Saturday, December 31, 2005

The Books of 2005

I love books. Just wanna get naked and roll in them. I think I will start something new this year's end. A short opinion on the books I finished this year.

One Bullet Away: Nathanie Fick's recounting of his experience as a Marine Officer from OCS in the late 90s to finishing up with the fall of Baghdad. I cannot tell or explain better than to just say, buy this book. I dog-eared all sorts of pages to quote here, but it would itself be a novel. It is a great companion book to Generation Kill by Rolling Stone embed Evan Wright. I wrote about Nate the first month I started blogging. If you are interesting in the Gulf War, Marines, Lieutenant General Mattis, the Ivy League's disconnect, and what war is like from the perspective of the young men who do the fighting....this is on you must read list.

The Slaves of Liberty: A short and expensive book, but an absolute gem. If you decend from the slave owning plantation class of the South (as I do), or decend from American slaves, this is a book you should consider reading. Written by a decendant of slaves from Amite County, Mississippi, this is a fair, balanced, fact based account based on the records in the Amite County Courthouse in Liberty, Miss; one of the few public buildings not burned to the ground by Federal troops.

The Dream and the Nightmare: I first read about this book when deployed on the ENTERPRISE in 98/99 and National Review had an article about what the then governor of Texas was reading. If you have an interest about where, why, and how the nightmare of the welfare state that we created came from - this is a good book. It is also a good reminder what things were like prior to the reforms of '94. We are much better. It is also an insight into what kind of Presidency George W. Bush would have tried to have if 19 followers of a moon-god death-cult didn't attack us in SEP 01. Recommended.

Armageddon: The telling of WWII from a different perspective. New and interesting facts here, with some stories you don't hear from the "victor gets to write the history books" perspective. Good for the WWII buff, or someone that thinks we are waging a brutal war against terrorism. Nice cluebat.

Ripples of Battle: It's Victor Davis Hanson. Do I need to say more? Read the reviews and see for yourselves. Great for the history nut.

Longitude: Nice short book about what seems like a dull subject: why did it take so long to figure out what longitude you were at while at sea and why was it so important. Professional sailors, history types, and those who love mildly insane inventors who thrive in Anglo-Saxon cultures. Quick read with lots of, "Wow, I never thought of that.

Cod: Like Longitude, this is a short, quick read - and an exceptionally interesting read about the rise and fall of a critical building block of Western Civilization - the humble Cod. I seriously enjoyed this book, and the writer has a style I wish I had. The author has a new book out, Salt, and it is on my 2006 list.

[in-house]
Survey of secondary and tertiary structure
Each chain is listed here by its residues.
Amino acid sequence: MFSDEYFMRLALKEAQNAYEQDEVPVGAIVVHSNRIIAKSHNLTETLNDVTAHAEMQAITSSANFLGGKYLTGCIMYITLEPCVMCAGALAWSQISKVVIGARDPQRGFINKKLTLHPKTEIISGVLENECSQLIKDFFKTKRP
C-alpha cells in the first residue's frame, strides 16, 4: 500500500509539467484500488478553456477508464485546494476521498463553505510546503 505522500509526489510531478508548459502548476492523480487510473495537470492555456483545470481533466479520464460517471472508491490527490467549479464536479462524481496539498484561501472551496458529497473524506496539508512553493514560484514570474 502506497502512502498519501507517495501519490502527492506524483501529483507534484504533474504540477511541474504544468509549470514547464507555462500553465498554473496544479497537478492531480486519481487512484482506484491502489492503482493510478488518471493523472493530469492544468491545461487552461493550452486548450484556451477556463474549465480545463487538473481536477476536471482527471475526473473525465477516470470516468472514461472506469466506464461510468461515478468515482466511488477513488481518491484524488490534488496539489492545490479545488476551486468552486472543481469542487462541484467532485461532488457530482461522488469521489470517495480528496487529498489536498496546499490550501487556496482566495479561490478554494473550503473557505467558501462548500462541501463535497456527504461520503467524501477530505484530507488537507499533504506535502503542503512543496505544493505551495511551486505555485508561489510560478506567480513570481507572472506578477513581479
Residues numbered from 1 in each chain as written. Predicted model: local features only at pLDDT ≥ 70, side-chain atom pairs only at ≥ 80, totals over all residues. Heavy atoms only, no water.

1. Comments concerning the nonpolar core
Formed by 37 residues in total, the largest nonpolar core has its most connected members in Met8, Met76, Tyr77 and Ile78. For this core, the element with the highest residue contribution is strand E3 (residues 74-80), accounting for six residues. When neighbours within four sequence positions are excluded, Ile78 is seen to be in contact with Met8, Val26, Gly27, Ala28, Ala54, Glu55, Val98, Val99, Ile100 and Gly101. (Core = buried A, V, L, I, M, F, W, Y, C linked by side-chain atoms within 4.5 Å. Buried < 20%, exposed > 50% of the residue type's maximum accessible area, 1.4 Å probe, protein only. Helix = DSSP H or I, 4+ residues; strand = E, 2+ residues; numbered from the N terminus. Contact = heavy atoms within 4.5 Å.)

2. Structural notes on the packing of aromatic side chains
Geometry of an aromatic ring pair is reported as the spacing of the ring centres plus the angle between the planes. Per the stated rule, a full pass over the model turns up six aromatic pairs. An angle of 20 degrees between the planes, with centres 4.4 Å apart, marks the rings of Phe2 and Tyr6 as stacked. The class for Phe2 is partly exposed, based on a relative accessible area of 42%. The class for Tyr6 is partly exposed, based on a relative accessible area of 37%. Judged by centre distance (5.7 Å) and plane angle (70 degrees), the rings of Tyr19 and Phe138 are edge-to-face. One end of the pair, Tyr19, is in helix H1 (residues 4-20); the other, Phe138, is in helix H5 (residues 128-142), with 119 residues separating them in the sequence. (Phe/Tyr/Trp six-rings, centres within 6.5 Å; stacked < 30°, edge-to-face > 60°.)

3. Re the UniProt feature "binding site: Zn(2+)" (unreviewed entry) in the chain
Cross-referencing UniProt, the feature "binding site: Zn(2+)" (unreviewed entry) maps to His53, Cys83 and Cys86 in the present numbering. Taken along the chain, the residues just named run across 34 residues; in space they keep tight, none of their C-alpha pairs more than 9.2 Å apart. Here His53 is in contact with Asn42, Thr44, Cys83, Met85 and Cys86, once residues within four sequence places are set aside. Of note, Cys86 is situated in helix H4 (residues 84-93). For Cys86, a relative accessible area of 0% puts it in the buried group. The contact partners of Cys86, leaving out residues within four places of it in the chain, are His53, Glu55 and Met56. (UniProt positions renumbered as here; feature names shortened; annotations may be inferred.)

UPDATE: As usual, Anne has me soaking with inadequacy. Her book list is out, with links to a few others. I've got to read faster.
.....oh, and Ninme too!

Hobbesian Quasi-Straussesque Neocons need Kleinian therapists

Though it is hard to hear through the almost cliché Brit-Left, spittle flecked diatribes against America in general and Neocons in particular; Dr. Richard Drayton has some important, and I think accurate, things to say - even if this does come from The Guardian.
..."full-spectrum dominance" - in which its country could "fight and win multiple, simultaneous major-theatre wars" - was a monster borne up by the high tide of techno euphoria of the 1990s. ... the "revolution in military affairs" predicted that technology would lead to easy and perpetual US dominance of the world. Lieutenant Colonel Ralph Peters advised on "future warfare" at the Army War College - prophesying in 1997 a coming "age of constant conflict". Thomas Barnett at the Naval War College assisted Vice-Admiral Cebrowski in developing "network-centric warfare". General John Jumper of the air force predicted a planet easily mastered from air and space. American forces would win everywhere because they enjoyed what was unashamedly called the "God's-eye" view of satellites and GPS: the "global information grid". This hegemony would be welcomed as the cutting edge of human progress. Or at worst, the military geeks candidly explained, US power would simply terrify others into submitting to the stars and stripes.

Shock and Awe: Achieving Rapid Dominance - a key strategic document published in 1996 - aimed to understand how to destroy the "will to resist before, during and after battle".
Doh, he went after Ralph!
American imperial strategists invested deeply in the belief that through spreading terror they could take power. ... And technology would make it possible and beautiful.
And we forgot fundamentals along the way. Fundamentals like how to occupy a hostile nation.
The Afghanistan war of 2001 taught the wrong lessons. The US assumed this was the model of how a small, special forces-dominated campaign, using local proxies and calling in gunships or airstrikes, would sweep away opposition. But all Afghanistan showed was how an outside power could intervene in a finely balanced civil war. The one-eyed Mullah Omar's great escape on his motorbike was a warning that the God's-eye view can miss the human detail.

The problem for the US today is that Leviathan has shot his wad. Iraq revealed the hubris of the imperial geostrategy. One small nation can tie down a superpower. Air and space supremacy do not give command on the ground.
In the main, he is wrong of course. In the end, Dr. Drayton will have to write about the only way the U.S. won in Iraq was through massive expenditure of treasure, and the blood of what always counts in war; the infantry on the ground taking ground and holding it - closing with the enemy and killing him. We lost touch with that truth, but I think we are back there.